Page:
Nearly 750 migrants were reportedly released into the streets of El Paso just a few days into November as federal holding facilities and non-profit shelters continue bursting at the seams.
“The decision to provisionally release migrants was determined after exhausting all other decompression options for the custody of migrants found in the sector,” said a statement regarding the street releases from U.S. Customs and Border Protection (CBP).
“Customs and Border Protection has coordinated with local food banks and transportation services in an effort to provide resources to those migrants who have been released to the community,” CBP officials said.
The released migrants have been processed and allowed to remain in the United States while awaiting asylum hearings.
Shelters like the Rescue Mission of El Paso have said all their beds are full.
“If capacity is the number of beds you have, we are way past capacity. We’ve gone to throwing down blankets on the floor, utilizing cots in the chapel, just whatever we can do,” said Blake Barrow, the CEO of the Rescue Mission of El Paso.
The street releases come after El Paso suspended its migrant busing operations on October 20. The City said it does not plan to resume the busing of migrants out of El Paso unless it has secured federal funding.
“We are going to need to see some approval or advanced funding before we start any other operations,” Deputy City Manager Mario D’Agostino said during an update on the migrant influx to the city council on last week.
The City of El Paso estimated it has spent more than $9.5 million to shelter and transport migrants this calendar year and is pending federal reimbursement of nearly $7.3 million.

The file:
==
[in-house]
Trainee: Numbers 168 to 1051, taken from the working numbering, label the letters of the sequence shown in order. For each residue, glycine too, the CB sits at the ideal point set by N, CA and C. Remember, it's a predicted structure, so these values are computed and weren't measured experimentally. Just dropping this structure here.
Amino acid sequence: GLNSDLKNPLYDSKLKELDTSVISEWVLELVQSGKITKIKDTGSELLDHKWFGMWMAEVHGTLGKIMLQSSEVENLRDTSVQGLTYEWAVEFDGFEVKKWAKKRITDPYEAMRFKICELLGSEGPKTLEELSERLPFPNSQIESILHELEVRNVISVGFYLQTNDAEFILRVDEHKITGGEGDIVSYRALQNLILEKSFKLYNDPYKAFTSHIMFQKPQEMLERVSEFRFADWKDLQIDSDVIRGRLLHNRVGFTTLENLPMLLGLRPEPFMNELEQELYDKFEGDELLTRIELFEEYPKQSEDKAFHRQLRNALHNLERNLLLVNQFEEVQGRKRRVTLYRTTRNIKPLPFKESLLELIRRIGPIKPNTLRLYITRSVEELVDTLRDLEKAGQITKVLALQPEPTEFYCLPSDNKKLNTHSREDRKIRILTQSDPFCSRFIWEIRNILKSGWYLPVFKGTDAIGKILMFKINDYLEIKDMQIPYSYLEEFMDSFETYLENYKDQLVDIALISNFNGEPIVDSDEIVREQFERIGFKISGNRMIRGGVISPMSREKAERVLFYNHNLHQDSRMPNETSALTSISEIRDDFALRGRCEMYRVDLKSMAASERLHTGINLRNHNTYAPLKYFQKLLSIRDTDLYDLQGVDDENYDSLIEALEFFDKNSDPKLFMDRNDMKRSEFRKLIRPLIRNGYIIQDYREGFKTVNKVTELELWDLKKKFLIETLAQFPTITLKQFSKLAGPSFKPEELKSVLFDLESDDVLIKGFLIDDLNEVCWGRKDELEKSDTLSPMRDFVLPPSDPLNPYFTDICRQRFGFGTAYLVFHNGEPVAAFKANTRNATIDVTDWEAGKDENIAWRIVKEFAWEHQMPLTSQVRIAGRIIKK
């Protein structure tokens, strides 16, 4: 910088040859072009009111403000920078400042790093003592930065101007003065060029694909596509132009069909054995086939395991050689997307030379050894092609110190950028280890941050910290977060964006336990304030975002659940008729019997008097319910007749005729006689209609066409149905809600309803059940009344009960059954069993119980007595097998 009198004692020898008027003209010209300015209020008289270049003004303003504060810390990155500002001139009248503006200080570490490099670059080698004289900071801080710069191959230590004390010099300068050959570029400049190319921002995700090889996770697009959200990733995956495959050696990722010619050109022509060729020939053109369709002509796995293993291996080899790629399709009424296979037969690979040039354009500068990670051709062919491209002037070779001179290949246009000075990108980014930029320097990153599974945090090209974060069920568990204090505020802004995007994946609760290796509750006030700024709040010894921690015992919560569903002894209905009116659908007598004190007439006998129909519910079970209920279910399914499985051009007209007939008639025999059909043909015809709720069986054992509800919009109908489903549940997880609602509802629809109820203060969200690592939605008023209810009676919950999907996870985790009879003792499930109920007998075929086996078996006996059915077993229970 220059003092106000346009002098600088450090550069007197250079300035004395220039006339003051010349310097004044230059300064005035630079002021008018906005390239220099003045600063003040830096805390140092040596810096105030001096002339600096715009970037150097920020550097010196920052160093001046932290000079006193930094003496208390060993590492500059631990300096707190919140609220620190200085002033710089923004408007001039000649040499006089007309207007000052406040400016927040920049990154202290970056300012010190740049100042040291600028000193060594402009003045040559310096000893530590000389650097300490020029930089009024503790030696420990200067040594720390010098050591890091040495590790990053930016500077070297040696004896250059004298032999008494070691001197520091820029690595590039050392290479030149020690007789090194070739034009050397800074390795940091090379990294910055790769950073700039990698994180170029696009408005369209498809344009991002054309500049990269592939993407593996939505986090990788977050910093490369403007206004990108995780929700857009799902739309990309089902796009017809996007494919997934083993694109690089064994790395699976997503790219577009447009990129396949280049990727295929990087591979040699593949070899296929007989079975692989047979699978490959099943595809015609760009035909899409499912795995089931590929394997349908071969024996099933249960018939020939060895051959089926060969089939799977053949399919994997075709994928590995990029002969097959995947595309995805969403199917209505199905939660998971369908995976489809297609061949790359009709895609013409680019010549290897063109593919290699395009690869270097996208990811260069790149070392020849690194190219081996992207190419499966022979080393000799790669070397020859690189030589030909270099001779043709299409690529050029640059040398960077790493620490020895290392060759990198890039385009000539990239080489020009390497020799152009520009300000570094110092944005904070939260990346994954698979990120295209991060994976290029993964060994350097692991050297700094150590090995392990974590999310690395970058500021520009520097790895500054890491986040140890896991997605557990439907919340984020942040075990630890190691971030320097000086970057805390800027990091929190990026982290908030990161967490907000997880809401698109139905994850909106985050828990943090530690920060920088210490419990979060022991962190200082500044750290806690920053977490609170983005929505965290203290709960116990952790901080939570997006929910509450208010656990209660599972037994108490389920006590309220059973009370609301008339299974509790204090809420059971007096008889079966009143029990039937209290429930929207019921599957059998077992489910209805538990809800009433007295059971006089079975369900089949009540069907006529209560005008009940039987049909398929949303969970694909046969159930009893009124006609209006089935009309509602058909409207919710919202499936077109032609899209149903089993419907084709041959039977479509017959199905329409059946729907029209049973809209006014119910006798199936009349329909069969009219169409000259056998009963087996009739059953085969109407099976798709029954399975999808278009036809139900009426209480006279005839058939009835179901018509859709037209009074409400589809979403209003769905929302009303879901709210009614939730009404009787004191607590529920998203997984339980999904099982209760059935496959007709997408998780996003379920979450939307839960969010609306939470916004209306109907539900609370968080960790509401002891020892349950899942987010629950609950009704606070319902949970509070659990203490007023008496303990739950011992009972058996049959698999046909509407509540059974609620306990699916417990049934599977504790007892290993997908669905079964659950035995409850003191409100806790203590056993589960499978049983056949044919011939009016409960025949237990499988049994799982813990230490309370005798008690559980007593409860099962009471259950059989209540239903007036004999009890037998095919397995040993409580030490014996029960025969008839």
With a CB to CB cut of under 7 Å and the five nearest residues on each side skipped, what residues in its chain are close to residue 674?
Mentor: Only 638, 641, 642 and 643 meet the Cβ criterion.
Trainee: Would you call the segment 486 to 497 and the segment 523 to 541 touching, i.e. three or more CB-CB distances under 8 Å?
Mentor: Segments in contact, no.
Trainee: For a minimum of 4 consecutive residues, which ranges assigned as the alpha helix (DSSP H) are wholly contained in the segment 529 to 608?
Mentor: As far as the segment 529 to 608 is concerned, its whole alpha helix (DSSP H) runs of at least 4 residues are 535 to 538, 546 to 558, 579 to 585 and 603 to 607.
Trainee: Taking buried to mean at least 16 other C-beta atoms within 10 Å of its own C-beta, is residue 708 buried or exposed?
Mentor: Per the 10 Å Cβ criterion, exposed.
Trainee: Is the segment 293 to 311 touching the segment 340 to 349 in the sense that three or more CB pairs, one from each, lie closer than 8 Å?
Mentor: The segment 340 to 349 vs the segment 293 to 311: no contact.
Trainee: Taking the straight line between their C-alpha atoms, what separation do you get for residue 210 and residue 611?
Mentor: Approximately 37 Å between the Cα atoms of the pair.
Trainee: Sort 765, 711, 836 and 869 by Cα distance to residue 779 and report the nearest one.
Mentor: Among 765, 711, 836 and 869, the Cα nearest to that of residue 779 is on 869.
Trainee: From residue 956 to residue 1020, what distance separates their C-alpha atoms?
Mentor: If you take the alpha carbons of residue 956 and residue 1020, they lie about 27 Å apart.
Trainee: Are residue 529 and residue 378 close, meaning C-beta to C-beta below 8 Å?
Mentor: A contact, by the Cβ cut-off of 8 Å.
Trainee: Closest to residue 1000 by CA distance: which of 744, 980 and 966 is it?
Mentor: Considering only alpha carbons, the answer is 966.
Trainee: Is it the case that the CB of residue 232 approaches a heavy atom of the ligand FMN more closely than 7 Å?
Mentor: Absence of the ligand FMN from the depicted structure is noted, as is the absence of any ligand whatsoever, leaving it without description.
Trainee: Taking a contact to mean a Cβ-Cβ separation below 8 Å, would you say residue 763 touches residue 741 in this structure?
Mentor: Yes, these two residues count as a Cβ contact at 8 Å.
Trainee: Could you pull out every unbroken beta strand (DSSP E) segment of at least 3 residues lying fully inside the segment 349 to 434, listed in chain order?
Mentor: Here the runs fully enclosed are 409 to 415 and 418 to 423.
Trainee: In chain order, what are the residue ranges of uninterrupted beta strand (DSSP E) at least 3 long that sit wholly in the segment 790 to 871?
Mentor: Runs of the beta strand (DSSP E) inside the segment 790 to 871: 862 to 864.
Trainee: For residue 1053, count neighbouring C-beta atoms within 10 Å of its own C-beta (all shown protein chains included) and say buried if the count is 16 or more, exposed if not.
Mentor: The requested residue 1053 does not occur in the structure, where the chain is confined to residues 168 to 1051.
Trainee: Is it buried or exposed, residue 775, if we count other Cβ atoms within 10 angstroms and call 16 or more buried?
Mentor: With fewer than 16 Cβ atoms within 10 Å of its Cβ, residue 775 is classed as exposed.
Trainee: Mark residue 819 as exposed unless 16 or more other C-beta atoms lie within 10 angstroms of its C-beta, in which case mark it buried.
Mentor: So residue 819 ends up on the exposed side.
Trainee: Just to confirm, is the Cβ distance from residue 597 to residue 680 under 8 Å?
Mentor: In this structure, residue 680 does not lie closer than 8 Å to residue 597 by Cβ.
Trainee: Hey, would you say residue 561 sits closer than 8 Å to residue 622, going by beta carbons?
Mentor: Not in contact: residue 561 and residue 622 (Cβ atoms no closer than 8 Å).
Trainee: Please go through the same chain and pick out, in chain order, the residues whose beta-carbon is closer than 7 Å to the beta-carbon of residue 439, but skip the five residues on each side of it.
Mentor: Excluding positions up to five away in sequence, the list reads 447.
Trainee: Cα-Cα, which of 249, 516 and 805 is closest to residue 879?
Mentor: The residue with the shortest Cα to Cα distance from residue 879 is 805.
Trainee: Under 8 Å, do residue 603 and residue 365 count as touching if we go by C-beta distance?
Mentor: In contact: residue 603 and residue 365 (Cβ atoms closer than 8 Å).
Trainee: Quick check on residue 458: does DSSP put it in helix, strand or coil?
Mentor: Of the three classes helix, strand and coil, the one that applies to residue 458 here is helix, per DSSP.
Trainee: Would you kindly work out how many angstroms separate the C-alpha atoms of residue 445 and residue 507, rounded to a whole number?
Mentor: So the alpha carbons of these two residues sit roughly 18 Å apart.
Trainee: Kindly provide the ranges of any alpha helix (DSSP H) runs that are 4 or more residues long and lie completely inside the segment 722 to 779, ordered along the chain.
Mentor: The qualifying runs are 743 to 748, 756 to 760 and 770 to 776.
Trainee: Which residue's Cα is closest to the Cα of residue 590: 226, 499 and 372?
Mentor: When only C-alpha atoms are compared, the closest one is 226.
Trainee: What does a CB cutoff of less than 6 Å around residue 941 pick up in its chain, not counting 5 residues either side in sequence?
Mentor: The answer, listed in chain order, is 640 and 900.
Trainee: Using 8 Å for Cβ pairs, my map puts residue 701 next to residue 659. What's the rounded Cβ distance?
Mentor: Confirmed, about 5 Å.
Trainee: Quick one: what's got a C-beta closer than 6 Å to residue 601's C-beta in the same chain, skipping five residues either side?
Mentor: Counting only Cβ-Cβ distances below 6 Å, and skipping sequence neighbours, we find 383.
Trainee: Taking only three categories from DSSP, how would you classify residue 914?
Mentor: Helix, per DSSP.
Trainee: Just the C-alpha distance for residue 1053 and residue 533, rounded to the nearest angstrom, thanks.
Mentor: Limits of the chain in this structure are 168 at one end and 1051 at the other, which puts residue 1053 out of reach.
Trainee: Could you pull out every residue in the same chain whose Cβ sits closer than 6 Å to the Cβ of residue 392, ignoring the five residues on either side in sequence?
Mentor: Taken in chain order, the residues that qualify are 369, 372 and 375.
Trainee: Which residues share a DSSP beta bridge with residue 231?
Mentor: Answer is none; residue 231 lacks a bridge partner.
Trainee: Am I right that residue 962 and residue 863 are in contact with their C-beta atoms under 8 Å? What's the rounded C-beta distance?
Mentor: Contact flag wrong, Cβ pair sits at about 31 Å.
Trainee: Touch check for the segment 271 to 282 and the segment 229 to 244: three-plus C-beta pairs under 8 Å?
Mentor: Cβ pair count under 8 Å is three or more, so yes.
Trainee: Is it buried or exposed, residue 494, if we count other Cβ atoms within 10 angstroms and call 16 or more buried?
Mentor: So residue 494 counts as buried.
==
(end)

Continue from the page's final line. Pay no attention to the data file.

“We are not looking to get in the transportation business again,” Mayor Oscar Leeser said at the council meeting.
The City will only work to help transport migrants who can pay for their travel to reach their next destination and will no longer pay for migrants’ travel, D’Agostino said.
Instead of paying for transportation out of the city, El Paso is assisting non-governmental organizations with staff.
D’Agostino told El Paso Matters that the City had requested $3 million in advanced funding to open a processing center for 30 days.
Since the start of November, the average daily migrant encounters in the El Paso sector have reached 1,650, according to CBP.
The City also has about 3,660 migrants in holding at its central processing center and overflow area.
“We are in a better position than we were a few weeks ago,” Senior Deputy City Manager Tracey Jerome told the city council. “Things have stabilized to a degree, but this is an ongoing crisis, and our work, our efforts to support and provide a humane response to this crisis continue. We want to make clear that we are not done, we’re just in a different phase right now.”
El Paso County’s Migrant Support Services Center, which opened on October 10 to help transport migrants out of the area, has been receiving up to 300 migrants per day, according to communications manager Laura Gallegos.
The center, run by a contracted emergency shelter provider, only accepts single adults with funds to get to their next destination. It plans to scale up to receiving 500 migrants a day in the coming weeks, Gallegos explained.